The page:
441798 Tuning and Activation of Titania Anatase Core-Shell Particles

Monday, November 9, 2015
Exhibit Hall 1 (Salt Palace Convention Center)
Daniel Laky, Chemical and Biomolecular Engineering, Vanderbilt University, Nashville, TN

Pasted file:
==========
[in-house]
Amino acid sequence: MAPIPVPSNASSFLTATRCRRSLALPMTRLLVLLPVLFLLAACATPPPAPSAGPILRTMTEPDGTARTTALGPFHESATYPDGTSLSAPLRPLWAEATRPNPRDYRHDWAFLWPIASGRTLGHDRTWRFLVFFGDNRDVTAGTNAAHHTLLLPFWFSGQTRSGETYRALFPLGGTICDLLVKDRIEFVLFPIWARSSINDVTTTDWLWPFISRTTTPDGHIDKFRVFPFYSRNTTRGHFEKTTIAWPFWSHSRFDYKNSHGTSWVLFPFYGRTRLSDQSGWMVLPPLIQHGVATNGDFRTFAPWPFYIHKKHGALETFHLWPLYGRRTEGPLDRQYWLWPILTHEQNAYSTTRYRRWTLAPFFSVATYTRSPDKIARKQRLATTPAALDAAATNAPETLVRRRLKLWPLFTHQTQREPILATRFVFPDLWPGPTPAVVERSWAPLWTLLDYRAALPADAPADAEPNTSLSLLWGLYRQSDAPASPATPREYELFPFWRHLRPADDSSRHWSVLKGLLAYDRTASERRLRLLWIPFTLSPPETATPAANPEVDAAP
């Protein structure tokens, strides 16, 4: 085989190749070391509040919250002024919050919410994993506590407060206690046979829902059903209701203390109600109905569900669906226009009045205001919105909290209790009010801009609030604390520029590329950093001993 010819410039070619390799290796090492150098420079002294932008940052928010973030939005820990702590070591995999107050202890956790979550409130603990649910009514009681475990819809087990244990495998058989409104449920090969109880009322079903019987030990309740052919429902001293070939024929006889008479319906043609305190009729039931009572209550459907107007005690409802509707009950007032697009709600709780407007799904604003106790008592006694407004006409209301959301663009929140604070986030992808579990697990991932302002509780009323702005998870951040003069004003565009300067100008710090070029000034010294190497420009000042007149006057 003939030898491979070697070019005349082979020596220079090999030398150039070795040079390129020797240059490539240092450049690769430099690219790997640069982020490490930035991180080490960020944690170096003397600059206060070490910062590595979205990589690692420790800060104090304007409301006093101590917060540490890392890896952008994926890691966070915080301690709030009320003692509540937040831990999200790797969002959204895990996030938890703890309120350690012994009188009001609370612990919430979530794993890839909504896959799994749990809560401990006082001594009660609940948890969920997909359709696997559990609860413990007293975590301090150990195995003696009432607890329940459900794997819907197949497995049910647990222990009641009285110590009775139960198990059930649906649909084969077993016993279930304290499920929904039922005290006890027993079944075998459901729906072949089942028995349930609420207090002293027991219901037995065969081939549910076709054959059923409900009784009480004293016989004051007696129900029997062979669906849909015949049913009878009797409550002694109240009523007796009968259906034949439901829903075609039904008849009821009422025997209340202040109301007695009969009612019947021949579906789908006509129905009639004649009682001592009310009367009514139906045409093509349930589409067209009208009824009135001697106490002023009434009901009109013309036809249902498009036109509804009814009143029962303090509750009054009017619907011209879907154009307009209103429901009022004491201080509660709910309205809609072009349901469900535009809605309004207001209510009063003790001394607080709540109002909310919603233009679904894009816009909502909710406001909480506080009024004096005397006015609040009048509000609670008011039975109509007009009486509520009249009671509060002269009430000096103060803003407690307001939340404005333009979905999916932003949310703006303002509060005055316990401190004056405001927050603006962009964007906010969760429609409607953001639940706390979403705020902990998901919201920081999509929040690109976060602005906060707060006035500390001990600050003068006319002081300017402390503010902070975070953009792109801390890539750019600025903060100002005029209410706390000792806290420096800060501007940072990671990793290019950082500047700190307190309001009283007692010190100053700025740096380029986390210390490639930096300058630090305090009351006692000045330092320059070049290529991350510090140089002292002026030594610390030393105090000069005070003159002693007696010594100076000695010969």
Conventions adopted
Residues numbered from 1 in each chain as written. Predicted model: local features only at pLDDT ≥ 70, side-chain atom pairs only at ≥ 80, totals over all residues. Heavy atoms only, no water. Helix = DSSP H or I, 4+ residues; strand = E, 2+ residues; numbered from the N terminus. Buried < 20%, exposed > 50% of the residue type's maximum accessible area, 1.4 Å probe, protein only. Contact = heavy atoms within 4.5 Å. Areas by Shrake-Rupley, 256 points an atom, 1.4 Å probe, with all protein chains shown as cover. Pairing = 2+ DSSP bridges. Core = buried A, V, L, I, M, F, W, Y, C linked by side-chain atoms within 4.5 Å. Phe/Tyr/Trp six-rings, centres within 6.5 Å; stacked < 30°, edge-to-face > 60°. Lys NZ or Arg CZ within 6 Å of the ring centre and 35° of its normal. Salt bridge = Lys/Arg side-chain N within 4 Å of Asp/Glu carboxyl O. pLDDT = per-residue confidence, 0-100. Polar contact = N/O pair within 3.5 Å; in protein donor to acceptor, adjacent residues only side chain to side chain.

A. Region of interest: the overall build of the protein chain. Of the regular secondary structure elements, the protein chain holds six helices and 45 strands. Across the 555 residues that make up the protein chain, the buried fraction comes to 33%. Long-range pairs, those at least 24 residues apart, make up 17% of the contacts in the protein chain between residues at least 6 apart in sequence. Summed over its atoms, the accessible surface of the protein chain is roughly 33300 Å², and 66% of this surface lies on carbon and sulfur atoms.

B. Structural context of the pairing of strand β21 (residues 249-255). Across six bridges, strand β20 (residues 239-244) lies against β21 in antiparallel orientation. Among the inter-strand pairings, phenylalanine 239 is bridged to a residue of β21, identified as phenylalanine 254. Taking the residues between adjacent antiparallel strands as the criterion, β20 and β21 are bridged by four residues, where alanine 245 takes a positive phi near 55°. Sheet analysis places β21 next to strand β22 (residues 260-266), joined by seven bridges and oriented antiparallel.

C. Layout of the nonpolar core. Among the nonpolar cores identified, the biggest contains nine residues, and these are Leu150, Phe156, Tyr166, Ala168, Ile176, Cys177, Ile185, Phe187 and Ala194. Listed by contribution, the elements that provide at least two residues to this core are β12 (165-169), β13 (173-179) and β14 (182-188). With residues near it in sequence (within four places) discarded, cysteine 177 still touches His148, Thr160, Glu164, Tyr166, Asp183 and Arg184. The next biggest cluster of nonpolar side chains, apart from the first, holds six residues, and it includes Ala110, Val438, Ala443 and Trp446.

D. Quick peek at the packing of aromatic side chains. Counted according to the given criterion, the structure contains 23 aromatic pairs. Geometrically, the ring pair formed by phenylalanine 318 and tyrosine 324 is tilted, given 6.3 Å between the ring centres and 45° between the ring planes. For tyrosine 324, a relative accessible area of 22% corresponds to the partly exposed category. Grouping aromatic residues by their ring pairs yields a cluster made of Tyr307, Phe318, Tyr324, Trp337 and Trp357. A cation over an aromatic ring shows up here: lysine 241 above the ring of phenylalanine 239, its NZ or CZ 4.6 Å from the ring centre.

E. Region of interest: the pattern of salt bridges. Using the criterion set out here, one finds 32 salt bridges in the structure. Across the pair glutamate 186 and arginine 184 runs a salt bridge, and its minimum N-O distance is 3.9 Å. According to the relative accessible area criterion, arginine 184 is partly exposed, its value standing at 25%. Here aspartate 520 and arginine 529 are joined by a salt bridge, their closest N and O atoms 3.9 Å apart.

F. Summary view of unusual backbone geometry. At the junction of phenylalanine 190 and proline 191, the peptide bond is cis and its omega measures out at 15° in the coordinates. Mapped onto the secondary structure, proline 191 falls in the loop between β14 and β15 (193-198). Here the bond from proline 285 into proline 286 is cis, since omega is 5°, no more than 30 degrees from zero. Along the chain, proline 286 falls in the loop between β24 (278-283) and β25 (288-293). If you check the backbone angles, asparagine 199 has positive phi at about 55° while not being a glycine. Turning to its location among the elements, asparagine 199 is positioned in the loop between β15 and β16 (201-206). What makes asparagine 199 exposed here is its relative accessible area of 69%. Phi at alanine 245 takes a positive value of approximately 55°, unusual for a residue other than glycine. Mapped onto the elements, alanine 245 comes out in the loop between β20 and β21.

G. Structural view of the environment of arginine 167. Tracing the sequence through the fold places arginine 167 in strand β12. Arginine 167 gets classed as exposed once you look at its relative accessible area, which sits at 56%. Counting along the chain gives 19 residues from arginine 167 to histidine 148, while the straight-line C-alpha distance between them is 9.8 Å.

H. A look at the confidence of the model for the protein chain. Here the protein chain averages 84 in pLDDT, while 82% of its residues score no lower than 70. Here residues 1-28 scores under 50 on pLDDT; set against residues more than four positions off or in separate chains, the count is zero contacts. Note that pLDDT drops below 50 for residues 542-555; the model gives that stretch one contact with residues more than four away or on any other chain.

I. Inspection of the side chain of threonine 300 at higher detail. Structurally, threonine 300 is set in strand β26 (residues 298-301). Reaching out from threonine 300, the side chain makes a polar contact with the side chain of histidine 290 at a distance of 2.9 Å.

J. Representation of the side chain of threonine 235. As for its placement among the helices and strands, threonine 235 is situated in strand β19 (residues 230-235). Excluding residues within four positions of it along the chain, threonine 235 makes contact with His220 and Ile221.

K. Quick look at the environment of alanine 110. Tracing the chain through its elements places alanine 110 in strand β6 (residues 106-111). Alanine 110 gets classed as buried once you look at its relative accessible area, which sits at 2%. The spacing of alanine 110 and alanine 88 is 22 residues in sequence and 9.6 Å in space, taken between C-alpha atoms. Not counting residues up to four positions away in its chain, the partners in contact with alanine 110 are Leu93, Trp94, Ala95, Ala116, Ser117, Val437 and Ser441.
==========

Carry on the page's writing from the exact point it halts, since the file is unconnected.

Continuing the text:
Applying forces to investigate the mechanics of biological substrates has become increasingly pertinent while exploring the use of biomolecules as nanomaterials. Typically, micrometer-sized polystyrene beads treated with biologically relevant molecules are used to bind to these biological substrates in question to determine key force barriers as per their specific physical integrity. In order to explore such forces a device known as optical tweezers is used alongside an optical microscope. The optical tweezers use an emitted laser of known frequency and power in order to hold these polystyrene beads in place and furthermore move them, stretching the biology linked between the particle and the slide surface. A well-known and common candidate for stretching is ds-DNA. As interest in nanomaterials has increased, durability of these nanomaterials has become a hot topic among the biophysics community. With these polystyrene beads the measurable trap strength at maximum can see numbers in the area of 250 pN1, which is simply not large enough to explore other more durable materials, namely amyloid fibrils. Titania Anatase core-shell particles have extreme potential in the area of increasing trap strength and consequently the limit of force measurements. Our data shows that through tuning the particles to specific size and shape distribution, the trap stiffness has increased as much as 3.5 times from the polystyrene standard. Even with this data the magnitude of 1-2 nN would not be out of the question2. Specifically, the tunability of these titania core-shell particles makes them intriguing for research purposes as finding a curve for heating time (index of refraction) to trap strength would allow for the creation of optimal core-shell particles and consequently allow for research into tougher materials such as the proteinaceous amyloid fibrils.

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